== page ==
United States District Court, D. Colorado
ORDER DIRECTING PLAINTIFF TO FILE AMENDED COMPLAINT
GORDON P. GALLAGHER, Magistrate Judge.
Plaintiff, Maurice Douglas Cooper, is an inmate at the El Paso County Criminal Justice Center in Colorado Springs, Colorado. Mr. Cooper has filed pro se a Prisoner Complaint (ECF No. 1) pursuant to 42 U.S.C. § 1983. He seeks damages as relief.
The court must construe the Prisoner Complaint liberally because Mr. Cooper is not represented by an attorney. See Haines v. Kerner, 404 U.S. 519, 520-21 (1972); Hall v. Bellmon, 935 F.2d 1106, 1110 (10th Cir. 1991). However, the court should not be an advocate for a pro se litigant. See Hall, 935 F.2d at 1110. Mr. Cooper will be ordered to file an amended complaint if he wishes to pursue his claims in this action.
The Prisoner Complaint is deficient. First, Mr. Cooper fails to provide an address for any of the Defendants. Mr. Cooper must provide a complete address for each Defendant so that they may be served properly.
The Prisoner Complaint also is deficient because it does not comply with the pleading requirements of Rule 8 of the Federal Rules of Civil Procedure. The twin purposes of a complaint are to give the opposing parties fair notice of the basis for the claims against them so that they may respond and to allow the court to conclude that the allegations, if proven, show that the plaintiff is entitled to relief. See Monument Builders of Greater Kansas City, Inc. v. American Cemetery Ass'n of Kansas, 891 F.2d 1473, 1480 (10th Cir. 1989). The requirements of Fed.R.Civ.P. 8 are designed to meet these purposes. See TV Communications Network, Inc. v. ESPN, Inc., 767 F.Supp. 1062, 1069 (D. Colo. 1991), aff'd, 964 F.2d 1022 (10th Cir. 1992). Specifically, Rule 8(a) provides that a complaint "must contain (1) a short and plain statement of the grounds for the court's jurisdiction, ... (2) a short and plain statement of the claim showing that the pleader is entitled to relief; and (3) a demand for the relief sought." The philosophy of Rule 8(a) is reinforced by Rule 8(d)(1), which provides that "[e]ach allegation must be simple, concise, and direct." Taken together, Rules 8(a) and (d)(1) underscore the emphasis placed on clarity and brevity by the federal pleading rules. Prolix, vague, or unintelligible pleadings violate Rule 8.
Mr. Cooper alleges he was assaulted by two Colorado Springs police officers on February 12, 2015. Construing the Prisoner Complaint liberally, it appears that Mr. Cooper may intend to assert constitutional claims against the police officers who allegedly assaulted him. If so, he must name those officers as Defendants in the caption of the amended complaint he will be ordered to file. Mr. Cooper also must allege specific facts that demonstrate how each officer personally participated in the asserted constitutional violation. See Henry v. Storey, 658 F.3d 1235, 1241 (10th Cir. 2011) (allegations of "personal participation in the specific constitutional violation complained of [are] essential"). Mr. Cooper may use fictitious names, such as John and Jane Doe, if he does not know the real names of the officers who allegedly assaulted him, but he must provide sufficient information about each defendant so that he or she can be identified for purposes of service. As noted above, Mr. Cooper also must provide an address where each Defendant may be served.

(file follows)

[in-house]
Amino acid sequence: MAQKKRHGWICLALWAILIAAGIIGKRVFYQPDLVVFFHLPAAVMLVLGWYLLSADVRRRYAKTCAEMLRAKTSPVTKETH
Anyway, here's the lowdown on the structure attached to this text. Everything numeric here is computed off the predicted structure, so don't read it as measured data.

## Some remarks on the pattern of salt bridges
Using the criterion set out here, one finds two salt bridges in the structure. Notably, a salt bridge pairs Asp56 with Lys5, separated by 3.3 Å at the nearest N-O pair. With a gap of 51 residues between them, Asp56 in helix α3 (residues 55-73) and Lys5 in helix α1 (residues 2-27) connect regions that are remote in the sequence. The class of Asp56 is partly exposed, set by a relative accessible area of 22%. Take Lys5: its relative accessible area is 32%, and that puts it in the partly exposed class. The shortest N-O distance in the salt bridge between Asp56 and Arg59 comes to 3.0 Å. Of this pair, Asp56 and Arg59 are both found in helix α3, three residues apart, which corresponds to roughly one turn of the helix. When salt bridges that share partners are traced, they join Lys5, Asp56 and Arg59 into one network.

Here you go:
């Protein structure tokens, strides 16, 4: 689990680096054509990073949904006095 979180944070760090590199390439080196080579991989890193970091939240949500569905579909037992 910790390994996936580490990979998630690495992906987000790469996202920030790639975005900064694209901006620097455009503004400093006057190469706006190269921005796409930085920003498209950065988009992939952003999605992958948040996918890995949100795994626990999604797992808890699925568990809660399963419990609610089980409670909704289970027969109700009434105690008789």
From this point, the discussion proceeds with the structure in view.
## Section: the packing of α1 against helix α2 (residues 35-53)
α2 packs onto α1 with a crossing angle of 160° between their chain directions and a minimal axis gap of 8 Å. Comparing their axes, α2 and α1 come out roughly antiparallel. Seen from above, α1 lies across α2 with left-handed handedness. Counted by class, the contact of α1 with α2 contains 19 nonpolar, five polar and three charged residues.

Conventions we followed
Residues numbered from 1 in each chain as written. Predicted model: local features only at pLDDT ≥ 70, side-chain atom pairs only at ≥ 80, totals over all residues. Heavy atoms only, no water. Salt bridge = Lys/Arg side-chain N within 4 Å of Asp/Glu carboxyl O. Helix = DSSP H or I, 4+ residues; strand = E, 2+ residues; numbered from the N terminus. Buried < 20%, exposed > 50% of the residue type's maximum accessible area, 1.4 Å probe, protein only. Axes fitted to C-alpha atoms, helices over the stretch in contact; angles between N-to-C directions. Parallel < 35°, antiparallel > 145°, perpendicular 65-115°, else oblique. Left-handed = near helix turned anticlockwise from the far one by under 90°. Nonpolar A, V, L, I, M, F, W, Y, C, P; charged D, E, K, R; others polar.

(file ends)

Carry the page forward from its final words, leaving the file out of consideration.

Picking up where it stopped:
With respect to the entities named as Defendants in the caption of the Prisoner Complaint, Mr. Cooper fails to provide a short and plain statement of any constitutional claims showing he is entitled to relief. Mr. Cooper's claims for damages against the State of Colorado are barred by the Eleventh Amendment. See Will v. Michigan Dep't of State Police, 491 U.S. 58, 66 (1989). Mr. Cooper's claims against the Colorado Springs Police Department, which the court construes as being asserted against the City of Colorado Springs, lack merit in the absence of specific facts that demonstrate he suffered an injury caused by a municipal policy or custom. See Schneider v. City of Grand Junction Police Dept., 717 F.3d 760, 769-71 (10th Cir. 2013) (discussing Supreme Court standards for municipal liability); Dodds v. Richardson, 614 F.3d 1185, 1202 (10th Cir. 2010).
In summary, Mr. Cooper must identify who he is suing, the specific claims he is asserting, the specific factual allegations that support each claim, against which Defendant or Defendants he is asserting each claim, and what each Defendant did that allegedly violated his rights. See Nasious v. Two Unknown B.I.C.E. Agents, 492 F.3d 1158, 1163 (10th Cir. 2007) (noting that, to state a claim in federal court, "a complaint must explain what each defendant did to him or her; when the defendant did it; how the defendant's action harmed him or her; and, what specific legal right the plaintiff believes the defendant violated"). Furthermore, the general rule that pro se pleadings must be construed liberally has limits and "the court cannot take on the responsibility of serving as the litigant's attorney in constructing arguments and searching the record." Garrett v. Selby Connor Maddux & Janer, 425 F.3d 836, 840 (10th Cir. 2005). Finally, "[i]t is sufficient, and indeed all that is permissible, if the complaint concisely states facts upon which relief can be granted upon any legally sustainable basis." New Home Appliance Ctr., Inc., v. Thompson, 250 F.2d 881, 883 (10th Cir. 1957). Accordingly, it is
ORDERED that Mr. Cooper file, within thirty (30) days from the date of this order, an amended complaint as directed in this order. It is
FURTHER ORDERED that Mr. Cooper shall obtain the court-approved Prisoner Complaint form (with the assistance of his case manager or the facility's legal assistant), along with the applicable instructions, at www.cod.uscourts.gov. It is
FURTHER ORDERED that, if Mr. Cooper fails to file an amended complaint that complies with this order within the time allowed, the action ...